Thursday, 30 July 2009

Tired but content

The last few days have been hectic to say the least. Yesterday we travelled to the disputed city of Kirkuk to interview the Governor. It was 50 degrees and smoke from surrounding oil wells made it unbearable. Entering the governors compound was equally challenging, and took a good half hour to get through all the security checks. Soldiers here wear balaclavas such is the risk to their own lives when working for the government. We were not allowed to stop for pictures, or even put our lenses out of the window. We did anyway.

When my interview finally began one would not have believed that we were in one of the most dangerous cities in Iraq, because as with every other interview we have had the governor painted a picture of absolute bliss. I questioned him repeatedly on the tensions between arabs, kurds and turcomans but all I could get was a pass the parcel like blame game. When I asked about infiltration of the armed forces he merely said that it was the same everywhere in the world. When I asked him about inter faction violence he blamed it on foreign elements and claimed that all sides got on well together. When I asked about the rise in bombings that coincided with the Americans departure he denied it. It was frustrating to say the least, but then I have come to expect it. In truth I can now answer 90% of interviews myself and sometimes wonder why I bother.

However sometimes you get choice snippets. For example the leader of the socialist party and the Islamic league leader both blew up (they got next to no votes) and shouted loudly for a while flailing arms (poor translator tried to keep up). Today we met the second in command of the gorran party (the leader’s brother) and got an admission that he had dealt with the Americans during campaigning. He denied it out right during the formal interview so we stayed and had coffee with him during which he accidently let slip that despite regular contact with the US they had not sent observers to monitor the elections.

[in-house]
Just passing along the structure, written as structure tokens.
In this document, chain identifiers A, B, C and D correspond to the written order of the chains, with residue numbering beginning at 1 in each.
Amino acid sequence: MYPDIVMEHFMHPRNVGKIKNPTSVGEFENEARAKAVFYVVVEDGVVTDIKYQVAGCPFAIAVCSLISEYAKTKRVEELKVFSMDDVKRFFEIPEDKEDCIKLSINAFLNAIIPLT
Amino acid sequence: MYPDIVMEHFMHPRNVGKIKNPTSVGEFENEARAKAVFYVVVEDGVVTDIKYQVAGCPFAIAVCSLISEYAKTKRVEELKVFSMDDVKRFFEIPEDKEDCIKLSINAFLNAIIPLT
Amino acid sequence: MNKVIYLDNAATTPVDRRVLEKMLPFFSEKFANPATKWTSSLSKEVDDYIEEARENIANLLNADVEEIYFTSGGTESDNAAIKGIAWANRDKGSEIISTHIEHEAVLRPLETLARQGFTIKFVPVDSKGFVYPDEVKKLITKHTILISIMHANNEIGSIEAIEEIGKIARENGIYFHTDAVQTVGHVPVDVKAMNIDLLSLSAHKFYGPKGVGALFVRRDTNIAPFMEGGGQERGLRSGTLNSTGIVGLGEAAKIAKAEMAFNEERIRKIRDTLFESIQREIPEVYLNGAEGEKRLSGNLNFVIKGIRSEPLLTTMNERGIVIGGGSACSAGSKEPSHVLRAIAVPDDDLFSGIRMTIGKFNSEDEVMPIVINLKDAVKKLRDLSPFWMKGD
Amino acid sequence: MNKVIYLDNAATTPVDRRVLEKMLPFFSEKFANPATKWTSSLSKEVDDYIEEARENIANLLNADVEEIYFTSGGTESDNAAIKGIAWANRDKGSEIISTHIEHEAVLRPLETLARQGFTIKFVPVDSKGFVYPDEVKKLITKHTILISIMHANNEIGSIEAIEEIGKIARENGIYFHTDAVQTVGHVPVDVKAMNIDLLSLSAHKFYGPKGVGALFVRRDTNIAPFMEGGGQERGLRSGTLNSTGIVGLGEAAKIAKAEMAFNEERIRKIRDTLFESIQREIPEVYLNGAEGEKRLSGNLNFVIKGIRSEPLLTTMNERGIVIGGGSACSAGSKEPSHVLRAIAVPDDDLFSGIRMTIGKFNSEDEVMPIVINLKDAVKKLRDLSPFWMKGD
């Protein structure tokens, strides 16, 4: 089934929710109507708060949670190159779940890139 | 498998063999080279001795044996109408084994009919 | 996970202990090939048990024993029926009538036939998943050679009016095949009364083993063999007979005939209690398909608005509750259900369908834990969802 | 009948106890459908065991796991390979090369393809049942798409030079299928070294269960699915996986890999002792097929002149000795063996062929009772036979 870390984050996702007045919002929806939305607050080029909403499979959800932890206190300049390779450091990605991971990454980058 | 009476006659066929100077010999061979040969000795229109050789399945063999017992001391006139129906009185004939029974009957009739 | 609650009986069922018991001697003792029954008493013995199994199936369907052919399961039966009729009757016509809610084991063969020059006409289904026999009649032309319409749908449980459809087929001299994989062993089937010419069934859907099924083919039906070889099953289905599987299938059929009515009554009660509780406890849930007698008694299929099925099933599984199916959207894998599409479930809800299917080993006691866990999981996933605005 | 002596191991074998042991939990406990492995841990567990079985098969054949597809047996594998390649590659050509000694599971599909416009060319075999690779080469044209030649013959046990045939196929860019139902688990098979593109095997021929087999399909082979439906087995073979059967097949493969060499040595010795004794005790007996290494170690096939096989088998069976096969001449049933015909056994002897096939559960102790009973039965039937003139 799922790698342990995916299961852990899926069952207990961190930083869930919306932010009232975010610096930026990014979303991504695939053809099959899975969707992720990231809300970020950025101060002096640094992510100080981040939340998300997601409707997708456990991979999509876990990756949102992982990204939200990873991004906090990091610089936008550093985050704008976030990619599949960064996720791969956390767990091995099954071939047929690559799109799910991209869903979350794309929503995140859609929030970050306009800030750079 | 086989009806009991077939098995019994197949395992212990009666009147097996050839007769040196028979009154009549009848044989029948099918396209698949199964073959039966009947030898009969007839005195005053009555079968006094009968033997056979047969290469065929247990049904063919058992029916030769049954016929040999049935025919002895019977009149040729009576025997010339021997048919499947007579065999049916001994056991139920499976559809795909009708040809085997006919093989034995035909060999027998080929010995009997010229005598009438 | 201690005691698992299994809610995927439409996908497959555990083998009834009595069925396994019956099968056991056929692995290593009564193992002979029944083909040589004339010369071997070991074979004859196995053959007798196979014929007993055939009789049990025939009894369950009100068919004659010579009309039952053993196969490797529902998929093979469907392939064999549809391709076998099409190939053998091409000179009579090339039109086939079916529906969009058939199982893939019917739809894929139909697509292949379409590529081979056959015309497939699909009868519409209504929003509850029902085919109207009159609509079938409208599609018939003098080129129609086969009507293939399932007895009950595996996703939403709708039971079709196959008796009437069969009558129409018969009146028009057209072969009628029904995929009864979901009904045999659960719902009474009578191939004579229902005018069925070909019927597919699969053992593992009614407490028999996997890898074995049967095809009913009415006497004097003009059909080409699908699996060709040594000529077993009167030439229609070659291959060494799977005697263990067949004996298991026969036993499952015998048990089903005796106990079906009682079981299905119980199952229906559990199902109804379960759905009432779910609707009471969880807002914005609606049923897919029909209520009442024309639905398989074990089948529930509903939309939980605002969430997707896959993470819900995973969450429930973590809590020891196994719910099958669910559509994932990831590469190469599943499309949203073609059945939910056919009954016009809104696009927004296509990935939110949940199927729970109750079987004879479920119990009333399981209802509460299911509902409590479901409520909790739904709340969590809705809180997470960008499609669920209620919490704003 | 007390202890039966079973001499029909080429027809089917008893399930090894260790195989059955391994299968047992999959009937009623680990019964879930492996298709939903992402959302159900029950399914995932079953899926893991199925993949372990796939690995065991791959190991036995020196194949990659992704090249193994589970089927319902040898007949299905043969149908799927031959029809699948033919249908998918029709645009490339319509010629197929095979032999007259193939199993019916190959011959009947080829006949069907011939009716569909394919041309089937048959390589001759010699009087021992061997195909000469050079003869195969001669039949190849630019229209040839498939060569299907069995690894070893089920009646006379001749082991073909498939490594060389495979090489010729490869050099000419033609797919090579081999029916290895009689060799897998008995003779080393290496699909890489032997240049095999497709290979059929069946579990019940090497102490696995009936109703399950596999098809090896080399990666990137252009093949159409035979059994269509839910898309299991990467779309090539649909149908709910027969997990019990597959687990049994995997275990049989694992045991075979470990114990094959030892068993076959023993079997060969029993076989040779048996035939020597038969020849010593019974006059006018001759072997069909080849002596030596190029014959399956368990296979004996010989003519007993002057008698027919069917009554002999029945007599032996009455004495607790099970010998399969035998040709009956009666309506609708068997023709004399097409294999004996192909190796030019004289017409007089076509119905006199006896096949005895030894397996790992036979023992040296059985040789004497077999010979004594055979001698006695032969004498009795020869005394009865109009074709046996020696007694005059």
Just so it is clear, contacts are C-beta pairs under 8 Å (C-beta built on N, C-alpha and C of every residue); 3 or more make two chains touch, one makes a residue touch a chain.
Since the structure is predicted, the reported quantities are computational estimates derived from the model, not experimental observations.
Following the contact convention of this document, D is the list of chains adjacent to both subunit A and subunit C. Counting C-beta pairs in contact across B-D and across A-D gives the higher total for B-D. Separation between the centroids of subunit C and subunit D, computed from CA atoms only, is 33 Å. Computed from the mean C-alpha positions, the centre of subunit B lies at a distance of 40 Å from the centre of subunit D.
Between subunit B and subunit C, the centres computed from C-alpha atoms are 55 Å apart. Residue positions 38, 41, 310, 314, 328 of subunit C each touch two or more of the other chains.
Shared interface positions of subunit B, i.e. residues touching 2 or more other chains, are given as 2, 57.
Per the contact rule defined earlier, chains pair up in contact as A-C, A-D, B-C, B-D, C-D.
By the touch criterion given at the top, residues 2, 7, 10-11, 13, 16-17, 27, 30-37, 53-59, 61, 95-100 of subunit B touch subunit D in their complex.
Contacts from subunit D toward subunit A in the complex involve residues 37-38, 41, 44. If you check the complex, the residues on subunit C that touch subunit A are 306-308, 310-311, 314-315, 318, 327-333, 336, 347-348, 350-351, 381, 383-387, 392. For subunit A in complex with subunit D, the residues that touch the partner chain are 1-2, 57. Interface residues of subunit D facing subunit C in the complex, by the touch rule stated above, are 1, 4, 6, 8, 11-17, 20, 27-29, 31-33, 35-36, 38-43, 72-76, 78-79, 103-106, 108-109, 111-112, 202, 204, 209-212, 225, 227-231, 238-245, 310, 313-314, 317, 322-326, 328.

Last night got a little worrying. Official results were released and supporters of both parties took to the streets. At first the mood was jubilant. We were in the middle of a Kurdistani street party and 100s of soldiers danced around guns in the air, wooping and shouting. Hundreds of cars drove past with flags flying and horns hooting. I jumped in a passing tut tut and sped off down the road filming.

Then I came to the PUK headquaters and the mood began to change. Gorran supporters started appearing, then just in front of me one got out of his car to taunt hundreds of loyalists soldiers. As would be expected they jumped on him threw him to the ground beat him with their rifles and then started dragging him down a dark side street kicking and screaming. I filmed it all. My camera was pushed down, but I ran ahead and continued filming. As the mood got worse and others began to be attacked I knew I had to get out of the throng. Suddenly someone grabbed me. I was pushed to a corner, surrounded by soldiers and police and held up against the wall. Everyone was shouting. They tried to take my camera which wasn't going to be pried from my hands. I waved my passport and shouted journalist over and over. Before things got worse someone appeared who spoke English and he demanded I follow him inside the police headquarters. I absolutely refused. If they were going to talk to me or shake me down I wanted it to be done in public where I felt safer.